It's been a year already? Monday marks 12 months since a United Airlines passenger was bloodied and dragged off a flight. It's an ongoing nightmare for the carrier, but it's also rivaled now as a PR catastrophe by the recent stories about United Airlines and dogs.
You'll remember these: the death of a passenger's dog in an overhead bin, and the dogs that were shipped thousands of miles away from their intended destinations--and finally the news that last year, dogs who flew on United were far more likely to wind up dead than on other airlines.
Obviously, these are all tragic events, and lawmakers raced to the front of the line to propose new legislation in response. But, new information now suggests another side to the data that's driving a lot of the reaction.
Writing in The Washington Post, Martine Powers confirms that yes, United did have a disproportionate share of tragic dog deaths aboard its planes over the past few years, but adds an explanation for at least some of the deaths that nobody is really considering.
No, it's not that United is uncaring or incompetent. Instead, it's that until it suspended its PetSafe pet transport program in the wake of all of the controversy, United was actually the only major U.S. airline that would allow passengers to transport certain kinds of high risk dogs in cargo.
These are brachycephalic dogs, the technical name for short-nosed breeds like boxers, pugs, terriers, whose compact airways can lead to breathing problems, especially while flying. Also: French bulldogs like Kikito, the dog that was killed when it was forced to ride in an overhead bin.
Importantly, we're talking about bans on cargo holds, not carrying pets in the cabin. But it's in cargo that most tragedies happen, and United was the only airline letting passengers ship dogs this way.
As Powers crunched the numbers, she found that 41 of the 85 animals that died on planes between 2015 and 2017 were on United--but also that about 40 percent of the unfortunate dogs were brachycephalic. It also appears that United simply carries more dogs to begin with.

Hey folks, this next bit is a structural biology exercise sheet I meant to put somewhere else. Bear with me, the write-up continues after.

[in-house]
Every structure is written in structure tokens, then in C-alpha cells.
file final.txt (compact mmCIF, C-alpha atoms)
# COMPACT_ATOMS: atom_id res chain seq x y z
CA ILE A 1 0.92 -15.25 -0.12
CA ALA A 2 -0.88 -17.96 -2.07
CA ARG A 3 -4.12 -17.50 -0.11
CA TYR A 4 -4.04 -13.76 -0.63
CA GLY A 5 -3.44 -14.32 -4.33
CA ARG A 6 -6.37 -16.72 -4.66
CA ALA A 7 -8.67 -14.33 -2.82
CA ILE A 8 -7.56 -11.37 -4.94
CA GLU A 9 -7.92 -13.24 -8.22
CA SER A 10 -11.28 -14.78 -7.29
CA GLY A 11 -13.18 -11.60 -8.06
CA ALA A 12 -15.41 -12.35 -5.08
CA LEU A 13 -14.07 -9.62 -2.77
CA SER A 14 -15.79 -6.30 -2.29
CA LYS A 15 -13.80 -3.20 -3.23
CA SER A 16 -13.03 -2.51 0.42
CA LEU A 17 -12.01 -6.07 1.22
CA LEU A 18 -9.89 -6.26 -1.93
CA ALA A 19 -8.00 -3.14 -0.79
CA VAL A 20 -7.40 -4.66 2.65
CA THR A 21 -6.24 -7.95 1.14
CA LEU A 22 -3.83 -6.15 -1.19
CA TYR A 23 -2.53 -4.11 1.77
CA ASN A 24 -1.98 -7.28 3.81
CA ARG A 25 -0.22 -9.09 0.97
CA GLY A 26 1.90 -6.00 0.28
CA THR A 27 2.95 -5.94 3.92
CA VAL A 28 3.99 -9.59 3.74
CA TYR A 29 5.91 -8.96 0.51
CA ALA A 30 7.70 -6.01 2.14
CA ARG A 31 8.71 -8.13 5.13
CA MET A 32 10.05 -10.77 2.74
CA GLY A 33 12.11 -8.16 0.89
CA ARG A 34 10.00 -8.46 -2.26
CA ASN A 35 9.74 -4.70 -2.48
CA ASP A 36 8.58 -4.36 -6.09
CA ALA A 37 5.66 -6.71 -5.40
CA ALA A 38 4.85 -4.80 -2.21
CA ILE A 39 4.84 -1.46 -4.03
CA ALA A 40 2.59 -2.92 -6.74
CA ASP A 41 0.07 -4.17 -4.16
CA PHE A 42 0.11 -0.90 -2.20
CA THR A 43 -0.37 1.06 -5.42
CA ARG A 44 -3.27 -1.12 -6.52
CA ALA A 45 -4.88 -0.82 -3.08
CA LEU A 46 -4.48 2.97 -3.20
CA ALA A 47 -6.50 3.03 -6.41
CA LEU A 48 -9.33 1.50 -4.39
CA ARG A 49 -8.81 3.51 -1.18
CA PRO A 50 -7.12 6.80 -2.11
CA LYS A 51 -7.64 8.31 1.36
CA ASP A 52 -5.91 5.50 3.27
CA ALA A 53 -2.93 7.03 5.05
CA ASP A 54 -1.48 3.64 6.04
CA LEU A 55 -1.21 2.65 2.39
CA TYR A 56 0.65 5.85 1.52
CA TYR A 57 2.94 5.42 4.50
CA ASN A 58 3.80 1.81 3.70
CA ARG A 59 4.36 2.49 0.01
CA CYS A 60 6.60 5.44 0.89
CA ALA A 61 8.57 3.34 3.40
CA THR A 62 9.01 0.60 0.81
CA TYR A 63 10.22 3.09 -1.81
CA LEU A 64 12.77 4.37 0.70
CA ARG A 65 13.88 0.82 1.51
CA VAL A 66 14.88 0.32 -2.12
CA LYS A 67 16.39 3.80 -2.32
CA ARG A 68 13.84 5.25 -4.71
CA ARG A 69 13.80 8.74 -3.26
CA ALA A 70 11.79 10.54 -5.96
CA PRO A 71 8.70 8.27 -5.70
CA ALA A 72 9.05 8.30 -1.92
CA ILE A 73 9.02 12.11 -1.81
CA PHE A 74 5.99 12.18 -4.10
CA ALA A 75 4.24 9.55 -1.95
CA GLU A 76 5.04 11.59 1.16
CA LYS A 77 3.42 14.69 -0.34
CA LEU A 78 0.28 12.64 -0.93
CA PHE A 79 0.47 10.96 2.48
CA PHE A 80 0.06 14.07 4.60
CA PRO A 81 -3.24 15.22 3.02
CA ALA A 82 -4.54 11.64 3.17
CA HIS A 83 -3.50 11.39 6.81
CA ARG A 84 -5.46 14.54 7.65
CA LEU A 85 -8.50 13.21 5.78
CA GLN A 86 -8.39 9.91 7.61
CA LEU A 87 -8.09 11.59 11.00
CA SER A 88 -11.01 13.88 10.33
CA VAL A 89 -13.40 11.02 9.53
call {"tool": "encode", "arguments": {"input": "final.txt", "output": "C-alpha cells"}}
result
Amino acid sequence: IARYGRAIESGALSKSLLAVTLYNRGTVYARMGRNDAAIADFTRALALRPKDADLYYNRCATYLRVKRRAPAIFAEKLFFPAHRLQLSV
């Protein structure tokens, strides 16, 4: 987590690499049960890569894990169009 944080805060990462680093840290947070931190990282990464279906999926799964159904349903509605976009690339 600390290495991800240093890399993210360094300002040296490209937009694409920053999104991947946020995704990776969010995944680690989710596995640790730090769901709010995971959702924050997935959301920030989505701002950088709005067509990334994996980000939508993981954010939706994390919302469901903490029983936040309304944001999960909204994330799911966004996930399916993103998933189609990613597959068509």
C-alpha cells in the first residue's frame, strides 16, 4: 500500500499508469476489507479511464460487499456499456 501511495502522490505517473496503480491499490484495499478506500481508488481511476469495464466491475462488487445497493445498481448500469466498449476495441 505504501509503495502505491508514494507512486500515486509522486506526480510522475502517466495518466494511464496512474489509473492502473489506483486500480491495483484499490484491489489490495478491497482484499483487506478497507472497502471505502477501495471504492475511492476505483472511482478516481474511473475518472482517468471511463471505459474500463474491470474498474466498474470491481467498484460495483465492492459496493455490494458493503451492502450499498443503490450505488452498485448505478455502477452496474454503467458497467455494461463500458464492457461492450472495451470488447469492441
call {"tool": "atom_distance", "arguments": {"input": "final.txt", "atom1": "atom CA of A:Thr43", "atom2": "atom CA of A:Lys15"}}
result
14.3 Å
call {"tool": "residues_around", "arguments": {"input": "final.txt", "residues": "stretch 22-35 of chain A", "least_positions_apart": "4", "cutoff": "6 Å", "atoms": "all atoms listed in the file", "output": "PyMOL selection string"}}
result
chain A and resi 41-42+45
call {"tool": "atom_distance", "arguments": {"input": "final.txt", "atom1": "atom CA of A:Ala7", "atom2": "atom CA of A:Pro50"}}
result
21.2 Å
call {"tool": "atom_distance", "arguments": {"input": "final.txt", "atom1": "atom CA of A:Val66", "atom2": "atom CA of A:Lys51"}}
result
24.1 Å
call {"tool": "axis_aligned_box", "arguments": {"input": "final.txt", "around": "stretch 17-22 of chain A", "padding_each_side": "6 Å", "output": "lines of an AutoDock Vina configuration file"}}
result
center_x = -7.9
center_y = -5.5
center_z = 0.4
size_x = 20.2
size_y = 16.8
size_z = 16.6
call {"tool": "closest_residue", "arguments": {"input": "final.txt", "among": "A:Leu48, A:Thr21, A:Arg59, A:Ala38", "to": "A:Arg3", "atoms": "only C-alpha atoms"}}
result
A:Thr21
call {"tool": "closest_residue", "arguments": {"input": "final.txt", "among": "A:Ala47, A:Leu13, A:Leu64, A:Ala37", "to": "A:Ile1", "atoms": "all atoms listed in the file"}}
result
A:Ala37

In fact, United spokesperson Charles Hobart told me that United had been allowing short-nosed breeds aboard precisely because no other airline would do so--especially because military families who wanted to bring their dogs to overseas assignments, or who might adopt a dog overseas and want to bring it home, had no other option.
Now, all that is on hold until May, as United reviews its pet travel policies.
"We flew more than 3,000 military pets last year, so we understood that when we suspended this service we were often the only option for a lot of members," Hobart said. "It's another reason we were flying those brachycephalic, higher risk dogs [to begin with]."
Obviously nothing takes away from the tragedy and loss that families feel when they lose a pet. But I've also been wary of the immediate response to try to legislate as a result of these unfortunate issues.
And as someone who often writes about airlines, I'd like to know about these kind of data points, and be sure to revisit stories when they later emerge. Of course, maybe in the speed with which stories move today, we simply missed it.
"I've been having this conversation for quite some time," Hobart told me. "We've been talking about [the fact that United allowed higher-risk dogs] since the start of our PetSafe program."